“Just looking for a place to sleep.” My voice is croaky, partly the virus, and partly from disuse. I seldom have cause to talk to anyone here on the streets. A mumbled ‘thank you’ if a passer by tosses a coin or half a sandwich at me is about as much conversation as I can manage these days. No eye contact, they don’t want to actually look at me, acknowledge me and my humanity. I’m an embarrassment.
This man will be the same. He just wants rid of me. I look past him, back towards the still open shutter. It appears to be much farther away than it was a moment ago, and the edges are blurred. My head is spinning, I feel dizzy, but I’d still rather make it back outside under my own steam than be physically bundled out by this harsh stranger.
“Does this look like a fucking Holiday Inn?”
One back alley looks much the same as another to me, and I don’t think I’ve ever got closer to a hotel than the kitchen entrance where the leftovers sometimes get dumped, but there’s no point debating this. I bend to pick up my spare overcoat, my back creaking with the effort.
“I’ll go. Sorry…” I close my eyes, wait for the dizzy spell to pass before I make to step past him.
“Are you okay?”
Do I look okay? “I’m fine.”
“Wait, where are you going?”
I don’t answer. It’s not as though he gives a shit in any case, as long as I’m nowhere near his nice building or precious car. Or at least not in sight. I continue my long, slow shuffle towards the gaping exit and the chilly December night.
“I said wait.” Two brisk footsteps, then he grabs my arm and pulls me around to face him.
I scream, the pain in my aching limb just too much. I stagger backwards, my balance lost. I expect to hit the hard concrete, but he grabs me again, this time with both hands and holds me upright by my elbows. I might have struggled, even as recently as yesterday I expect I would have tried some sort of protest. Today I’m just too weak. Despite his help my knees are buckling, giving way under the immense strain of carrying my seven stone frame. I would have hit the floor hard but he pulls me closer, his expensively clad arm sliding around me and lowering me to the ground.
“Christ, what’s the matter with you? Are you high on something? Drunk?”
Chance would be a fine thing. I lie on my side, wheezing and coughing, my whole body now shaking.
His fingers are on my face, peeling back the thick woollen cap I keep tugged down over my hair.
“For fuck’s sake, you’re burning up. You need an ambulance.” He lets go of me, I assume to reach for his phone. I offer no comment, it would be quite beyond me to argue in any case. I suppose paramedics might be an improvement on the police. And they will at least have paracetamol.
He doesn’t produce a mobile though. Instead he slips off his suit jacket and wraps it around me. This is odd. Interesting, but odd.
“I don’t suppose you’ve anywhere to go, have you?”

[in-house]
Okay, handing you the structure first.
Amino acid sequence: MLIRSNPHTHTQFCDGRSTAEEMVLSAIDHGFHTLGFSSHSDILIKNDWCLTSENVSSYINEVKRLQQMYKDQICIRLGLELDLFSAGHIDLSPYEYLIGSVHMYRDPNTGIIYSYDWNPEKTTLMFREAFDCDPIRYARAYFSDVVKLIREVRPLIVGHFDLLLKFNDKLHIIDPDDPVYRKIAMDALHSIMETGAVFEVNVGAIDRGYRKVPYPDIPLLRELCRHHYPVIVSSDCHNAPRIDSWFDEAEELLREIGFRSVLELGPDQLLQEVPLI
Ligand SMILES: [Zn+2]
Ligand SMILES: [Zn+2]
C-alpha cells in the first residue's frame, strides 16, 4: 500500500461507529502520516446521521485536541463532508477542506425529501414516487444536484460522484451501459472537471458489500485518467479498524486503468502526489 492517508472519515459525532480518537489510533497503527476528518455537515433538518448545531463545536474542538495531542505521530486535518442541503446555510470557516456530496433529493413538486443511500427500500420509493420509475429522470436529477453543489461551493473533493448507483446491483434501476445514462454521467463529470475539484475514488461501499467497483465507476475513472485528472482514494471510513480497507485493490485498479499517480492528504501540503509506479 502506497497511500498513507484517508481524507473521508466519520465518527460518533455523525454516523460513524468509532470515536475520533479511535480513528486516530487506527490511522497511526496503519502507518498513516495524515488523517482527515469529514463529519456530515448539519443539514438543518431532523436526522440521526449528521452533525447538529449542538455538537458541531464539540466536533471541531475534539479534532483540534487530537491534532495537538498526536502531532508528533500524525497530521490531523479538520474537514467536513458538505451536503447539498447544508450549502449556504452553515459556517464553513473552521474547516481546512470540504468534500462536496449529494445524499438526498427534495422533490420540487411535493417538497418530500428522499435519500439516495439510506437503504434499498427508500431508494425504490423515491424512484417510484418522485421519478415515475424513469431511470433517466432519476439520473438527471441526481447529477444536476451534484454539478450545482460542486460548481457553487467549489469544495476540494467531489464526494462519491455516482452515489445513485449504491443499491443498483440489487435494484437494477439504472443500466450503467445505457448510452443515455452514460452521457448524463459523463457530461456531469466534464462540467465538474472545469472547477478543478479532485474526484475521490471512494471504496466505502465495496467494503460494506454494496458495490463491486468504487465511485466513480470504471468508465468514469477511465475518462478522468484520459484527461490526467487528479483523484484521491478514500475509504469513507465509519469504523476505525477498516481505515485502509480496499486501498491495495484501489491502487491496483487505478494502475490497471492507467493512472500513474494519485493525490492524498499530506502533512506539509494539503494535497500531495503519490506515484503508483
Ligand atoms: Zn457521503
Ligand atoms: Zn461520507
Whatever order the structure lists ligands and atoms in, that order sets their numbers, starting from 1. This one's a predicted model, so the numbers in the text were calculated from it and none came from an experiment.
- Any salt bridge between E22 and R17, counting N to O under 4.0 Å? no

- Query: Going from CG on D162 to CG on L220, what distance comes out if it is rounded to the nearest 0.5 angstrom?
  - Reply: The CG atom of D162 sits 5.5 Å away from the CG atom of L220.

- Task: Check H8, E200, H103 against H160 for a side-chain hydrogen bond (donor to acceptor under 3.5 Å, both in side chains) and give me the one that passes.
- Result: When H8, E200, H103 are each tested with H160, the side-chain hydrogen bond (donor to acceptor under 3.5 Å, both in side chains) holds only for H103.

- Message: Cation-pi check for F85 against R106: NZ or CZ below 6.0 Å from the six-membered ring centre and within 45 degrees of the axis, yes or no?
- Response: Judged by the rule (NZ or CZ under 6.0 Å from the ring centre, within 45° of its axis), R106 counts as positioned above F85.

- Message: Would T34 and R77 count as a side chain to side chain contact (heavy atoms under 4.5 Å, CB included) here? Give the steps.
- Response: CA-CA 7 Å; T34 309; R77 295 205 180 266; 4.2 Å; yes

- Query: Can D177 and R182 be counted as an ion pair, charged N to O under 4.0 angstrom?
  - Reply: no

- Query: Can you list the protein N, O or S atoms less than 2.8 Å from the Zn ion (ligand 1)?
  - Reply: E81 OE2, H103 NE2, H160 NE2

Not so’s you’d notice. I manage to shake my head.
“Well, you can’t stay here. You need a doctor. And a warm bed.”
Tell me about it.
“Come on.” He hauls me to my feet, though not roughly. He half carries me across the car park, but not in the direction of the exit. Instead, he props me against the high bonnet of a black four-wheel drive monster. He opens the passenger door and the next thing I know I’m manoeuvred inside, arranged on the soft, buttery upholstery like a sack of potatoes. He must intend to take me to the hospital himself then. I consider asking him to drop me at the hostel in Chapeltown instead, but I have no idea how long it was since I last checked the time. They might be closed by now. If not closed, they’ll be full.

So I remain silent, my eyes closed, and wait to be deposited at the doors to A and E.

Spirit is available on Amazon, and is free to read on Amazon Unlimited


  1. Thanks for the excerpt, Ashe. From what's here, Beth's homelessness is described with empathy and detail. You're so right about the difference it makes to have a place to go, and how there's definitely an edge there as far as security and safety.

  2. What an atmospheric read, Ashe. We count our blessings every day. Some people's blessings are quite rudimentary. Sigh...

  3. A really gripping excerpt. Makes me want to know not just what happens next, but what happened to her before that brought her to this state.

  4. For someone who has never been homeless, you've imagined it with astonishing vividness.

    I had a college roommate -- graduate of an Ivy League university -- who had a stint of homelessness. I got a bit of a sense of the desperation that can engender from her. Plus the realization that it could happen to anyone.

    I'm so glad you posted this.

  5. As others have said, Ashe, this description seems completely believable. Like Sacchi, I would like to know what led your heroine to her current condition in a major industrial city where girls like her are ignored or driven away. I'm glad she seems to have found a rescuer! I have too much to read already, because I volunteered to be a judge in Elisa Rolle's Rainbow Awards again this year, but now I think I need to read your novel to find out what happens next. :)